Serving next generation images using Google Cloud CDN, Cloud Run and image proxy

Siraj Mohammad
8 min readFeb 4, 2023

In this blog post, we will setup required infrastructure and services on Google Cloud platform to serve next generation images using Cloud CDN and imgproxy.

imgproxy enables two essential image processing use cases that aim to improve the overall performance of your website or application.
1. Serving images in next-gen formats, such as WEBP and AVIF, to reduce latency and footprint (between 20% to 30%) without converting existing images.
2. Enabling dynamic, on-the-fly transformations, including image resizing and adding watermarks.

To achieve this, let’s walk you through the steps of setting up the necessary infrastructure and services on Google Cloud Platform. By the end of this post, you’ll have a better understanding of how to setup, Google Cloud CDN, Cloud Run, Cloud Storage, Artifact Registry and deploy imgproxy to serve images for your websites or applications

Note: imgproxy takes advantage of probably the most efficient open source image processing library out there — libvips. It’s scary fast and comes with a very low memory footprint.

Architecture diagram of the services deployed on Google Cloud

We will follow the steps to setup services on Google Cloud:

  1. Create Artifact Registry and push imgproxy container image.
  2. Create Cloud Run Service to host and run imgproxy container.
  3. Create Google Cloud Storage bucket to store and serve images files.
  4. Grant Cloud Run service account storage object viewer role on storage bucket.
  5. Setup Cloud CDN to deliver images with external HTTP(S) Load Balancing and Serverless backend Cloud Run.
  6. Update DNS settings of your domain to point to your Load Balancer IP address.
  7. Validate setup and browse next-gen images!
  8. Additional helpful resources

1. Create Artifact Registry and push imgproxy container image to artifact registry

Navigate to Google Cloud Console , search Artifact Registry, and create Docker repository to host container images.

Artifact Registry is a single place for your organization to manage container images and language packages (such as Maven and npm, etc.)

Create a docker repository

Follow the setup instructions, and run gcloud auth configure-docker command on Cloud Shell or your local gcloud console to configure gcloud as the credential helper for the Artifact Registry domain associated with this repository’s location.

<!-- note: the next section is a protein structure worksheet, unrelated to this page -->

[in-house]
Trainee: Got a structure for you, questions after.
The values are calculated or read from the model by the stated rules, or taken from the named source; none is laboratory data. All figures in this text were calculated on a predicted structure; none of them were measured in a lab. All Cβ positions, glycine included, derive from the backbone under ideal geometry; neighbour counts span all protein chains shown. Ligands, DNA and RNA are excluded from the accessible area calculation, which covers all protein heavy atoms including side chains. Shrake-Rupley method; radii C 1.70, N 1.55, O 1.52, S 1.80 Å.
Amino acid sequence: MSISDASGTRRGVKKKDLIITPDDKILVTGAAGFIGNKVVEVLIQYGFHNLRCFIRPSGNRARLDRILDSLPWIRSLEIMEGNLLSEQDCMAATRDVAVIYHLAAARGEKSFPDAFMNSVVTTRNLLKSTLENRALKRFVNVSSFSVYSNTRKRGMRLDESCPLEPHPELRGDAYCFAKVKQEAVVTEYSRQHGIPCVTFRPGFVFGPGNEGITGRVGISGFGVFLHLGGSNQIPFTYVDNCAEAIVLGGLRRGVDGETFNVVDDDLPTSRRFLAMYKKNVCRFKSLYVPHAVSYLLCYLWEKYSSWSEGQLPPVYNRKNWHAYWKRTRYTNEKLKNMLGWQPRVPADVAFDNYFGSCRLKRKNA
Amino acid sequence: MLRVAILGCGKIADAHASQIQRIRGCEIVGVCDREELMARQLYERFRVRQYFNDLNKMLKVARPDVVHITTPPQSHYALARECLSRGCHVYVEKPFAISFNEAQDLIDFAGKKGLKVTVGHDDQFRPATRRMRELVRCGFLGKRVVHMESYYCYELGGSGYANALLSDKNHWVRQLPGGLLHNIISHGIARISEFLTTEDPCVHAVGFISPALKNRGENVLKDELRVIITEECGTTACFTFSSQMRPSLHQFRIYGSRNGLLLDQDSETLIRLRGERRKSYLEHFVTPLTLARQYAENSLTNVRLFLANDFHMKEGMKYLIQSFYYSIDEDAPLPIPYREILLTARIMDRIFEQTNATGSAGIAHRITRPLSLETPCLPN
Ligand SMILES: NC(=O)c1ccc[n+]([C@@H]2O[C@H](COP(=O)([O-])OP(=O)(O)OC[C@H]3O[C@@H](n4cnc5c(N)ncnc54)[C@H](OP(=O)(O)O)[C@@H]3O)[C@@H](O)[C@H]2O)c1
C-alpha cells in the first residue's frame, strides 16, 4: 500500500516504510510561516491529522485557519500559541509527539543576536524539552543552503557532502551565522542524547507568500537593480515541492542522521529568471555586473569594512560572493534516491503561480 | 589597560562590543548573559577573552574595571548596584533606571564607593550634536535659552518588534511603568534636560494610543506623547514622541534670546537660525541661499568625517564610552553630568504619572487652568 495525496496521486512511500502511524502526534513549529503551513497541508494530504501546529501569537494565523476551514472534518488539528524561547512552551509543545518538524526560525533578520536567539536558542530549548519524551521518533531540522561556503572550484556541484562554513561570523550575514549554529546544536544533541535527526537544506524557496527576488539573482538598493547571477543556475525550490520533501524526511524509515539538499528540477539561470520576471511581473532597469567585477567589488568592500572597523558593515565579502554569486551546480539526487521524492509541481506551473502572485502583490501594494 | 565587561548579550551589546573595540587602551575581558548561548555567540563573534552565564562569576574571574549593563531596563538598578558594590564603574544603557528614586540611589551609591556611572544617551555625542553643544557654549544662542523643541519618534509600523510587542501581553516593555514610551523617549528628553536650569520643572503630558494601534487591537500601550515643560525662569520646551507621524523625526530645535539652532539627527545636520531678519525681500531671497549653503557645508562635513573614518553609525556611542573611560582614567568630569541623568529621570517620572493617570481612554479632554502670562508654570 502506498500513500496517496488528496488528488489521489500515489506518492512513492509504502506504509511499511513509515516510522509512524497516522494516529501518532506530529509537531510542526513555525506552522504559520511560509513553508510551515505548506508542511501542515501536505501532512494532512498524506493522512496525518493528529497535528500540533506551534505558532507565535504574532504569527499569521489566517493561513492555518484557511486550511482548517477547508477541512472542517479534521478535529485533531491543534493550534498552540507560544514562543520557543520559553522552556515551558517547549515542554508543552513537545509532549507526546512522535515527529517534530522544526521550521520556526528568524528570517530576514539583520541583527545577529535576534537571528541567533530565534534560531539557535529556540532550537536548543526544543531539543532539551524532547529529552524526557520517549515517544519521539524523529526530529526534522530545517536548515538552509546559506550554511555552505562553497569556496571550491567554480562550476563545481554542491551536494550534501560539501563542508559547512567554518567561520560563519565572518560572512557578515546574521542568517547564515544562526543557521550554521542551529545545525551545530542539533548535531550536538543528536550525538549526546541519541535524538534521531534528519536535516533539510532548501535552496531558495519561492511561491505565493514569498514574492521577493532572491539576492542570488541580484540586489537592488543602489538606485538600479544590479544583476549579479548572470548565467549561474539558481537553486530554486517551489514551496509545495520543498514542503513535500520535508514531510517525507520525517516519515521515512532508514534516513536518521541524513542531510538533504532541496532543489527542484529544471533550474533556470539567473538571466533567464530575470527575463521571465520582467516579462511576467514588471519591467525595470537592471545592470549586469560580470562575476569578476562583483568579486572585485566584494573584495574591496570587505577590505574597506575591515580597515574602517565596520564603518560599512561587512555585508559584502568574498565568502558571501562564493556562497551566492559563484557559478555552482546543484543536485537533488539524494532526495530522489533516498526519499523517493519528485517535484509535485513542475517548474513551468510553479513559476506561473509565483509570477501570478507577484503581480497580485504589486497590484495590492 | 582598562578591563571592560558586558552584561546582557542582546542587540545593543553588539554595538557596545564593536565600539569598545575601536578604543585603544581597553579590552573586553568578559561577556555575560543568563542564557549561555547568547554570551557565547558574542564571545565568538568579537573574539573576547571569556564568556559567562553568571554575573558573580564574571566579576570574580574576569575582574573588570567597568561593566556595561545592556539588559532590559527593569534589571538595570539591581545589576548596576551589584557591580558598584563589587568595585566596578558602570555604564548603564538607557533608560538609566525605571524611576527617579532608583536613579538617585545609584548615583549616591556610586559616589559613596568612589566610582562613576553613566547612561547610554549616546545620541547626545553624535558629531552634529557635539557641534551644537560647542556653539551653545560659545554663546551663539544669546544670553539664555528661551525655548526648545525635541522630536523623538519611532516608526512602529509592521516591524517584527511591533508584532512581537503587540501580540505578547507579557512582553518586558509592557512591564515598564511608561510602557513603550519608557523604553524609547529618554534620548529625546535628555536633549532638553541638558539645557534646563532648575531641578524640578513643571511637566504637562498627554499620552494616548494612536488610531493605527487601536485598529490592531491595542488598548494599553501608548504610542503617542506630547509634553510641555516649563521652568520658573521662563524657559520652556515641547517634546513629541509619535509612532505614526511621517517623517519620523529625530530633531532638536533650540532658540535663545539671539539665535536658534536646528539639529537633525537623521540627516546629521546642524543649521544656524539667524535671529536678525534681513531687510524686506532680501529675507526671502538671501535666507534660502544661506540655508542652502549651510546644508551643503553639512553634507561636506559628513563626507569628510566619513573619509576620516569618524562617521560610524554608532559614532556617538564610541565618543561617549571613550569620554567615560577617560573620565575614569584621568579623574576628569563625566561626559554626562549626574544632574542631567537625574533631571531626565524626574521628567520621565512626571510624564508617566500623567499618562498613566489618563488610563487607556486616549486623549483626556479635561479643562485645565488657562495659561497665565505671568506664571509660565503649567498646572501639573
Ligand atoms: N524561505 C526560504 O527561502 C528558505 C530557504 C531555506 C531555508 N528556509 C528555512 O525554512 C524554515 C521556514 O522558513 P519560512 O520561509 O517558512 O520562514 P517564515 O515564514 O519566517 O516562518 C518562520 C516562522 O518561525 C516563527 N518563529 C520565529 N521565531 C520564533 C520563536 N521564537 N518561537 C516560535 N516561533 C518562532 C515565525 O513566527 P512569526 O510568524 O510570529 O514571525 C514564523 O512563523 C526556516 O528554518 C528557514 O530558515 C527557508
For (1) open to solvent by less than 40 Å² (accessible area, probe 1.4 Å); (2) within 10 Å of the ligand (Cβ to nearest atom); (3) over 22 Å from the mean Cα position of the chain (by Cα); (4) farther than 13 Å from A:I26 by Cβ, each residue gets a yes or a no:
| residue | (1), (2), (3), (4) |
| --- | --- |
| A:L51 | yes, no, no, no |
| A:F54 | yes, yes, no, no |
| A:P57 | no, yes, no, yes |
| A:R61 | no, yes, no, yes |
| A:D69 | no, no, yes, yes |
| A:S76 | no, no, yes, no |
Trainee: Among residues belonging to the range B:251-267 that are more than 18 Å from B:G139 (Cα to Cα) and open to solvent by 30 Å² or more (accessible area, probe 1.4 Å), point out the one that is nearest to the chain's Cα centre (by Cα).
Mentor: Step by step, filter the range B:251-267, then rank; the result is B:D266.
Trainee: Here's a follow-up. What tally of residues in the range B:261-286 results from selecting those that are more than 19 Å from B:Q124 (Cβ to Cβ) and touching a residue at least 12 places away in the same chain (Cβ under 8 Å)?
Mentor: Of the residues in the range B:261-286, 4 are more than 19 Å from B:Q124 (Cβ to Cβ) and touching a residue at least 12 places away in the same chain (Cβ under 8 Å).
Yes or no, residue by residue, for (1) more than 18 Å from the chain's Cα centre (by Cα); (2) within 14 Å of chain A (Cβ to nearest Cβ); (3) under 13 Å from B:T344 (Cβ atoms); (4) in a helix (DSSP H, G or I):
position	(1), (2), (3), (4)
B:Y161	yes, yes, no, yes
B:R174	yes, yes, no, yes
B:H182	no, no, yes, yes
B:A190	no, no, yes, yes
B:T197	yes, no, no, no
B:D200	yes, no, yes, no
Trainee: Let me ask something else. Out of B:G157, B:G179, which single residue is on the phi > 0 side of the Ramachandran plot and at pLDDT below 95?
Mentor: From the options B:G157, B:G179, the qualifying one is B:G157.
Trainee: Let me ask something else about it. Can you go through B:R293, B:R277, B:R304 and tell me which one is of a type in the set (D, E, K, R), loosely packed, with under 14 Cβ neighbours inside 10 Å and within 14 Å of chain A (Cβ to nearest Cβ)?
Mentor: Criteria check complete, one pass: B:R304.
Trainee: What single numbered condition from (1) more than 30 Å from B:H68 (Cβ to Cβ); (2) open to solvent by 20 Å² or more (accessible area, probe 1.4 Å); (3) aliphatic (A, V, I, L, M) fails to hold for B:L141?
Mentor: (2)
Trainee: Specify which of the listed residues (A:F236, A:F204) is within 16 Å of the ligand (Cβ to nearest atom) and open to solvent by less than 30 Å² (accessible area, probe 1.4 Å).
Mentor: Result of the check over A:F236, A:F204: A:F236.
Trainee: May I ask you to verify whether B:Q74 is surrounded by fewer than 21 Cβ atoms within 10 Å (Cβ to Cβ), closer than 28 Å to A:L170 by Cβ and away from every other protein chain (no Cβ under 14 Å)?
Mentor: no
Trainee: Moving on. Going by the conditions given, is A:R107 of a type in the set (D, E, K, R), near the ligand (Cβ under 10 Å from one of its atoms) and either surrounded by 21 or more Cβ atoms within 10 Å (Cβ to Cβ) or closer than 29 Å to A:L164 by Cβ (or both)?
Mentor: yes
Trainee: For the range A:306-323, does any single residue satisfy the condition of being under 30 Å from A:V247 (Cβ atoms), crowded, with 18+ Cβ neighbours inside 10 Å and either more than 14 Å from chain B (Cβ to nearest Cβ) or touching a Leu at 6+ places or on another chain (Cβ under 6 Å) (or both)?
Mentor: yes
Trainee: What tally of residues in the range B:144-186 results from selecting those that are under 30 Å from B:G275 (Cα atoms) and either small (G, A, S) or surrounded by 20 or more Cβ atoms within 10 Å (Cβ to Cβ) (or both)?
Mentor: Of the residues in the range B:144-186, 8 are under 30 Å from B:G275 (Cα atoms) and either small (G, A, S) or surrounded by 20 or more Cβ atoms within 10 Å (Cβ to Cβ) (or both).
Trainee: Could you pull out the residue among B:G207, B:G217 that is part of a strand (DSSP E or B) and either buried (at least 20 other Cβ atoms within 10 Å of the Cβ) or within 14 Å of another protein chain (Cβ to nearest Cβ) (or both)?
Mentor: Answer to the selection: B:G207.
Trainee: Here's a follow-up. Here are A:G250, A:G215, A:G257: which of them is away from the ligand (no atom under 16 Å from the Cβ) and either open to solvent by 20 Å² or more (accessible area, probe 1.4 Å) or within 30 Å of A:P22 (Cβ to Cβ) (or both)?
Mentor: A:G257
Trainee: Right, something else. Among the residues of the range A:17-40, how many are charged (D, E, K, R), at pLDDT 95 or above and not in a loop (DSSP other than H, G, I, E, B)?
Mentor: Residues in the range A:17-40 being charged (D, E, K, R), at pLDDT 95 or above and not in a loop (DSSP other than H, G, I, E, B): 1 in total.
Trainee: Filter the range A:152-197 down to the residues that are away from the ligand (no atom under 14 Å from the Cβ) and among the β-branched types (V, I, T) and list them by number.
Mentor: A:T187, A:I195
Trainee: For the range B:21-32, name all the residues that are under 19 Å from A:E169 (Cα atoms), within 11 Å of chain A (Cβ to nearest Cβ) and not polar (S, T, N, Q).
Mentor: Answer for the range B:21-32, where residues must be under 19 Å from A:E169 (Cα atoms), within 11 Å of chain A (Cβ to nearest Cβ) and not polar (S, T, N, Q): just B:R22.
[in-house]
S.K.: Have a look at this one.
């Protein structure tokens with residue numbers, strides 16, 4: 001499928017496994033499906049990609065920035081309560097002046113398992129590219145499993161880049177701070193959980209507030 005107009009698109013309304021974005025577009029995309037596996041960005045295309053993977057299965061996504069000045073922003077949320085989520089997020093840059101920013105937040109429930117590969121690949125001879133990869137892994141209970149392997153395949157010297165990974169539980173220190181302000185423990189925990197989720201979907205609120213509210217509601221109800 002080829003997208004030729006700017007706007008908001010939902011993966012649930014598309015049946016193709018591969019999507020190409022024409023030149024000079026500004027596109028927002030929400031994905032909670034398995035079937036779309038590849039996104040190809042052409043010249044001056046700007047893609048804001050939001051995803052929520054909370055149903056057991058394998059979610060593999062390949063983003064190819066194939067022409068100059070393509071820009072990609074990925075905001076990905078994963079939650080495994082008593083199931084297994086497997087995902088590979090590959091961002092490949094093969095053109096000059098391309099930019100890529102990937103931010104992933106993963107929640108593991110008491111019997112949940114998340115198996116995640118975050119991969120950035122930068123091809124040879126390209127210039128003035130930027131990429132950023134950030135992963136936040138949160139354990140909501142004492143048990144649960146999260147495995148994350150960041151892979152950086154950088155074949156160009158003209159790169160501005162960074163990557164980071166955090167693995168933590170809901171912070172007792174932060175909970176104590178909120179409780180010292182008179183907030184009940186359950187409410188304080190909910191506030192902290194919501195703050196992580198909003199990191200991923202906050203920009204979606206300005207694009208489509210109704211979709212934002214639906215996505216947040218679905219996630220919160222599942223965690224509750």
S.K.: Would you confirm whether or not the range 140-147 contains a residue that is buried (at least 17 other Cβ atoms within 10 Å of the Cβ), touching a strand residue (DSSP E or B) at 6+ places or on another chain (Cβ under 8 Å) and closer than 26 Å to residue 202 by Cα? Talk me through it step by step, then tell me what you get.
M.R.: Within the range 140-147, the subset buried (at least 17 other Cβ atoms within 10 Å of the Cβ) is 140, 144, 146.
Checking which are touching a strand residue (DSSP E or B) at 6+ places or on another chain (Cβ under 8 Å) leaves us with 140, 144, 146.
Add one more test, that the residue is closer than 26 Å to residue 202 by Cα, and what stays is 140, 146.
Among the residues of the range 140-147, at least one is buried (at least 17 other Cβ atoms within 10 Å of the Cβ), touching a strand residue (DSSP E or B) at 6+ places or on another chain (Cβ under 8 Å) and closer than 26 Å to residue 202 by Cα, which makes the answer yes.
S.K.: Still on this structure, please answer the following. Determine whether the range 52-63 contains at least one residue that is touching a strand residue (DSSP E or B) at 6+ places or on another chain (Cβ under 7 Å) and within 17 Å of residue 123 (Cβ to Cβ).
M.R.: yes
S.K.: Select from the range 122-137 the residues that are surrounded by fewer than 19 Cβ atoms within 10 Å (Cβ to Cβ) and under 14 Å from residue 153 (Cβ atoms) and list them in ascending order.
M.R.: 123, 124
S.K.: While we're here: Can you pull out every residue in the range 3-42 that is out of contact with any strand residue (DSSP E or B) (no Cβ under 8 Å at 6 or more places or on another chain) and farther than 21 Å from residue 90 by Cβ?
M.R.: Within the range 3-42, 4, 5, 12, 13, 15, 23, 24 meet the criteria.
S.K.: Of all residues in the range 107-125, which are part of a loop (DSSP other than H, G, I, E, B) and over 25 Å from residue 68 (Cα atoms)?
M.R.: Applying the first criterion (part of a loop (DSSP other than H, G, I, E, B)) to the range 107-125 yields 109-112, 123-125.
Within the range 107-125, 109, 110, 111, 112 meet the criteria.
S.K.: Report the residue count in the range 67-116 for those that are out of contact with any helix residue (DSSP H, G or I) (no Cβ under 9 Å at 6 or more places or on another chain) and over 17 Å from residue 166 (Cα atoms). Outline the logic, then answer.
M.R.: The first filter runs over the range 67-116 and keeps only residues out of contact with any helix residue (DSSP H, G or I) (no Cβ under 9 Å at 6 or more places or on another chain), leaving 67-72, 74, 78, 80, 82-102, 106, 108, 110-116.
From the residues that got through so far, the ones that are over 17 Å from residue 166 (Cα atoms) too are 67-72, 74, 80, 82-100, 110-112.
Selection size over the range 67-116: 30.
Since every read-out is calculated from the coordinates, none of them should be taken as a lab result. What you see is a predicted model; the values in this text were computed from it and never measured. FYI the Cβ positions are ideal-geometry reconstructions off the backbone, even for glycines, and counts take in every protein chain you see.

Pull the latest imgproxy container image from Docker Hub to local docker environment or in Google Cloud Shell environment

Cloud Shell is an interactive shell environment for Google Cloud that lets you learn and experiment with Google Cloud and manage your projects and resources from your web browser.

$ docker pull darthsim/imgproxy:latest\

Tag the local imgproxy container image with the repository name. Replace <GCP Project ID> with your GCP Project ID and <Repository Name> with repository we created in previous step.

$ docker tag darthsim/imgproxy<GCP Project ID>/<Repository Name>>/imgproxy


Next Push the tagged image to Artifact Registry

$ docker push<GCP Project ID>/<Repository Name>/imgproxy


Now verify container image imgproxy has been pushed to docker repository.

2. Create Cloud Run Service to host and run imgproxy container

Cloud Run is a managed compute platform that lets you run containers directly on top of Google’s scalable infrastructure.

Navigate to Google Cloud Console select Cloud Run and select imgproxy container image from Artifact Registry.

Now create following environment variables on Cloud Run creation page, leave IMGPROXY_ALLOWED_SOURCES and IMGPROXY_GCS_KEY blank.

– IMGPROXY_TTL=31536000

3. Create Google Cloud Storage bucket to store and serve images

Google Cloud Storage allows world-wide storage and retrieval of any amount of data at any time. You can use Cloud Storage for a range of scenarios including serving website content, storing data for archival and disaster recovery, or distributing large data objects to users via direct download.

Navigate to Google Cloud Console and Select Cloud Storage Bucket and Create a new storage bucket.